NEW YORK CITY (WABC) — Friday marks New York City Police Commissioner Keechant Sewell’s last day on the job.
Sewell announced her departure in a letter to the NYPD rank and file a couple of weeks ago.
She has not addressed publically why she’s leaving.
Mayor Eric Adams, who was seemingly taken by surprise by the announcement, has not named a reason either.
The commissioner received a standing ovation at an event the day after she sent the letter announcing her departure.
Sources say tensions between the commissioner and Mayor Adams had been brewing for some time now and that she has felt micromanaged by the mayor’s team.
Commissioner Sewell made history as the first woman to lead the NYPD and she stepped in when the crime rate throughout the city was rising.
Mayor Adams has commended the work Sewell has done.
In the email she sent to the members of the NYPD, Sewell encouraged everyone to continue this work, writing in part: “There are people all over this city who want and appreciate you. They want safe streets, transit and housing. They are families, workers, tourists, business owners and students, and they depend on the NYPD. Please continue to do what you do well to secure this city.”
“Commissioner Sewell carried out her role and she did it well. Look at the numbers, the numbers speak for themselves. You cannot lie when you see them. It was extremely brilliant to bring her on board, turn around morale, bring down crime. Really better involvement with our city.” Adams said.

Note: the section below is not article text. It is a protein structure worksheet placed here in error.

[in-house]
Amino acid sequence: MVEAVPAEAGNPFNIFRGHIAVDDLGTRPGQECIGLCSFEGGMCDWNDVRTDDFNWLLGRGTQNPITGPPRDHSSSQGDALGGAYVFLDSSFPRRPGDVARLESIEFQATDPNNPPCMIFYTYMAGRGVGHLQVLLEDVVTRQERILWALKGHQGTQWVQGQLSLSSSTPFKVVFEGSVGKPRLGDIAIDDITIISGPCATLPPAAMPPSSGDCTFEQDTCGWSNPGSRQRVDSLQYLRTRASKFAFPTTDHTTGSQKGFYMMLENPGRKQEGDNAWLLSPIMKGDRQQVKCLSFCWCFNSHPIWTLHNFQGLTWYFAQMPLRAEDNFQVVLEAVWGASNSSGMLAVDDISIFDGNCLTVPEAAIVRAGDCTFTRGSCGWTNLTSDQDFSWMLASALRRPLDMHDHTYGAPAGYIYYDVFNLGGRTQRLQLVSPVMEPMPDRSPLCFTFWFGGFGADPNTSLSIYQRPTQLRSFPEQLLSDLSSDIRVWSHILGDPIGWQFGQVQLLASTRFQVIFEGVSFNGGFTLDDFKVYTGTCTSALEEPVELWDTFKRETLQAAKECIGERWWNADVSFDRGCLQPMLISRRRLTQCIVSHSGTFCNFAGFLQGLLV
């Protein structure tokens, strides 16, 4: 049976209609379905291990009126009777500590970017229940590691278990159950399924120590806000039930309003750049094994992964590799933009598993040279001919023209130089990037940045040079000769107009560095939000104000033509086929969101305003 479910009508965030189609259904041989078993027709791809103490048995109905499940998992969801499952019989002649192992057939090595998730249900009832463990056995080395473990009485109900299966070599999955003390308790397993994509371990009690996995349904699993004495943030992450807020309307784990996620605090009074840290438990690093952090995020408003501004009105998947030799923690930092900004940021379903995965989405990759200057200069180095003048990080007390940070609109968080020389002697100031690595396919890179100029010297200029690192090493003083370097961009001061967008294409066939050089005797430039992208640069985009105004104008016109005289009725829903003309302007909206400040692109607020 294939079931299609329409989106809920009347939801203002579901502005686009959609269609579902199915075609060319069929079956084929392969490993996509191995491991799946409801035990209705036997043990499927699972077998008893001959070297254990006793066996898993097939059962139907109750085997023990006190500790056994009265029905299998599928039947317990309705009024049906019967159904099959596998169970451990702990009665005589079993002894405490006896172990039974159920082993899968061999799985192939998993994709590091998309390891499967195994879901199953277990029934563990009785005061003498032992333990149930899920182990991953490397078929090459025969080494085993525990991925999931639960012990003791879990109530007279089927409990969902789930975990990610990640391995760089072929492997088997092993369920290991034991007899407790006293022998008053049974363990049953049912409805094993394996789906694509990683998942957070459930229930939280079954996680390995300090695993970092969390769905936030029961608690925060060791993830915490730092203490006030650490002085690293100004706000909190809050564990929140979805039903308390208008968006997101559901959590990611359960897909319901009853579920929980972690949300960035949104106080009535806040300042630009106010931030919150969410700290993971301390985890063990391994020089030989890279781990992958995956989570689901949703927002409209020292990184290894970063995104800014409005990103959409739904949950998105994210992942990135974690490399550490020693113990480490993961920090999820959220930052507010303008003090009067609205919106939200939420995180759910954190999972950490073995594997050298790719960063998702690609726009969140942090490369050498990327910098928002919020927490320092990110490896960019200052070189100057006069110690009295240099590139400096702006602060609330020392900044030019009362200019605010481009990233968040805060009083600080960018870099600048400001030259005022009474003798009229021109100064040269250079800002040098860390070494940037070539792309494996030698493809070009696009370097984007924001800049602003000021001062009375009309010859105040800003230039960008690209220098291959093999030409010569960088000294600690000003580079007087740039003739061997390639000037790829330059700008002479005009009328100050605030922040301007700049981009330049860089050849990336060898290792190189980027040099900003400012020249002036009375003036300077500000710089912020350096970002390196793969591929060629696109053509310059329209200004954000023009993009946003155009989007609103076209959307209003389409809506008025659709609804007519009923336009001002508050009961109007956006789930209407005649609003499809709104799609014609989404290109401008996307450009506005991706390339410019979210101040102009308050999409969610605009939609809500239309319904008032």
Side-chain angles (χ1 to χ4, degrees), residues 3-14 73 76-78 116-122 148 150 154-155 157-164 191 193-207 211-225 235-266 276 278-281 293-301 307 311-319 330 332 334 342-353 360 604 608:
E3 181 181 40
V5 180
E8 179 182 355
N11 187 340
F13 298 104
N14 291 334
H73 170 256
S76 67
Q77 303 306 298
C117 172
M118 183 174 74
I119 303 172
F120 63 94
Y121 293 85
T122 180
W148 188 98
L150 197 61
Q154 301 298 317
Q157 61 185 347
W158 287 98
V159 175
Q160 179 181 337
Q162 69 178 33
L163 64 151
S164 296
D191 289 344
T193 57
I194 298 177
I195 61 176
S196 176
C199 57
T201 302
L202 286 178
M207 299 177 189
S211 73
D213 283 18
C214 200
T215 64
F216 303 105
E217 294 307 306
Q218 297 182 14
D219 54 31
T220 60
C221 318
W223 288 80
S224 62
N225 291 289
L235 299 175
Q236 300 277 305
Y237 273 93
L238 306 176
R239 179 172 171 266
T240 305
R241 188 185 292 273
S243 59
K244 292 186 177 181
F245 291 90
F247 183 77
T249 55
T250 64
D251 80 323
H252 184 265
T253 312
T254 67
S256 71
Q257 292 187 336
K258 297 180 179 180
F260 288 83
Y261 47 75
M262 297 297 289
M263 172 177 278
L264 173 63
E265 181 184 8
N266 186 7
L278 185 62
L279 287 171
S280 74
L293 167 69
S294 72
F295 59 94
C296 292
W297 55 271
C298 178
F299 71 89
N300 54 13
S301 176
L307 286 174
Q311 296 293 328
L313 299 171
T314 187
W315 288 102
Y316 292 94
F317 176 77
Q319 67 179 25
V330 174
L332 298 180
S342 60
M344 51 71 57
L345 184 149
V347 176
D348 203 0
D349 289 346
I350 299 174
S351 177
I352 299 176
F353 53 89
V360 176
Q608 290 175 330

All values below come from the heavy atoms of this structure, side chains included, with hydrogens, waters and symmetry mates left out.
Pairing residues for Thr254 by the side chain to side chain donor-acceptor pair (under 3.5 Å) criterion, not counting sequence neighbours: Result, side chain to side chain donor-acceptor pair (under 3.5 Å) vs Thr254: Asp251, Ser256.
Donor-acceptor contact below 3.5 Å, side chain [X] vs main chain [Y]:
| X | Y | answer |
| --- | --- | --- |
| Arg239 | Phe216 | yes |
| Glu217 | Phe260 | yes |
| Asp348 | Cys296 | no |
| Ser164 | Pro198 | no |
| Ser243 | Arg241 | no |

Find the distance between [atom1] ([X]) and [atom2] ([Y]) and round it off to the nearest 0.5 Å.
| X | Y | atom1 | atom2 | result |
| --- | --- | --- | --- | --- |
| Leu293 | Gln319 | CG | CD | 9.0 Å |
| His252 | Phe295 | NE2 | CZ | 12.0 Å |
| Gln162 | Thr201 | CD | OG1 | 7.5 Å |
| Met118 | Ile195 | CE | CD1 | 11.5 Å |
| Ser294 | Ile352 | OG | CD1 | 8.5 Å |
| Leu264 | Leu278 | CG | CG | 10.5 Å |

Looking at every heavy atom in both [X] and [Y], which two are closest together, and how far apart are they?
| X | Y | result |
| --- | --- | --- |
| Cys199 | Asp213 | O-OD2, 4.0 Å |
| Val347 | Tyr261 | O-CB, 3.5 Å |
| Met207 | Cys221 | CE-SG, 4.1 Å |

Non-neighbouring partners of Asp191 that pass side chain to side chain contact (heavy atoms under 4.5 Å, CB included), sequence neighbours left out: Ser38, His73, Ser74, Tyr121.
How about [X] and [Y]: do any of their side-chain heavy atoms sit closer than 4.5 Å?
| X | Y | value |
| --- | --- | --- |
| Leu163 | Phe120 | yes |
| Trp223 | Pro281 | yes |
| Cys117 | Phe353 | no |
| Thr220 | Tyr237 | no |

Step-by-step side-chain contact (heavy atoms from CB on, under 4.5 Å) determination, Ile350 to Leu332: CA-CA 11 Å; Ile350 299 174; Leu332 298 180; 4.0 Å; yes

The mayor has declined to say who he’s considering for the job, but it’s likely First Deputy Police Commissioner Edward Caban who will be stepping in as interim commissioner.
This is the first time a Latino would be leading the NYPD.
As of now, it appears the commissioner’s last public event will be overseeing a promotions ceremony in Queens later Friday morning.
Meanwhile, the Police Benevolent Association and the Detectives Endowment Association said Sewell’s leadership and legacy wont be forgotten.
“This is a great loss, this is a really outstanding leader,” Boyce said. “The men and women really respected her. And she carried herself with so much grace and discipline, and genuine sincerity.”
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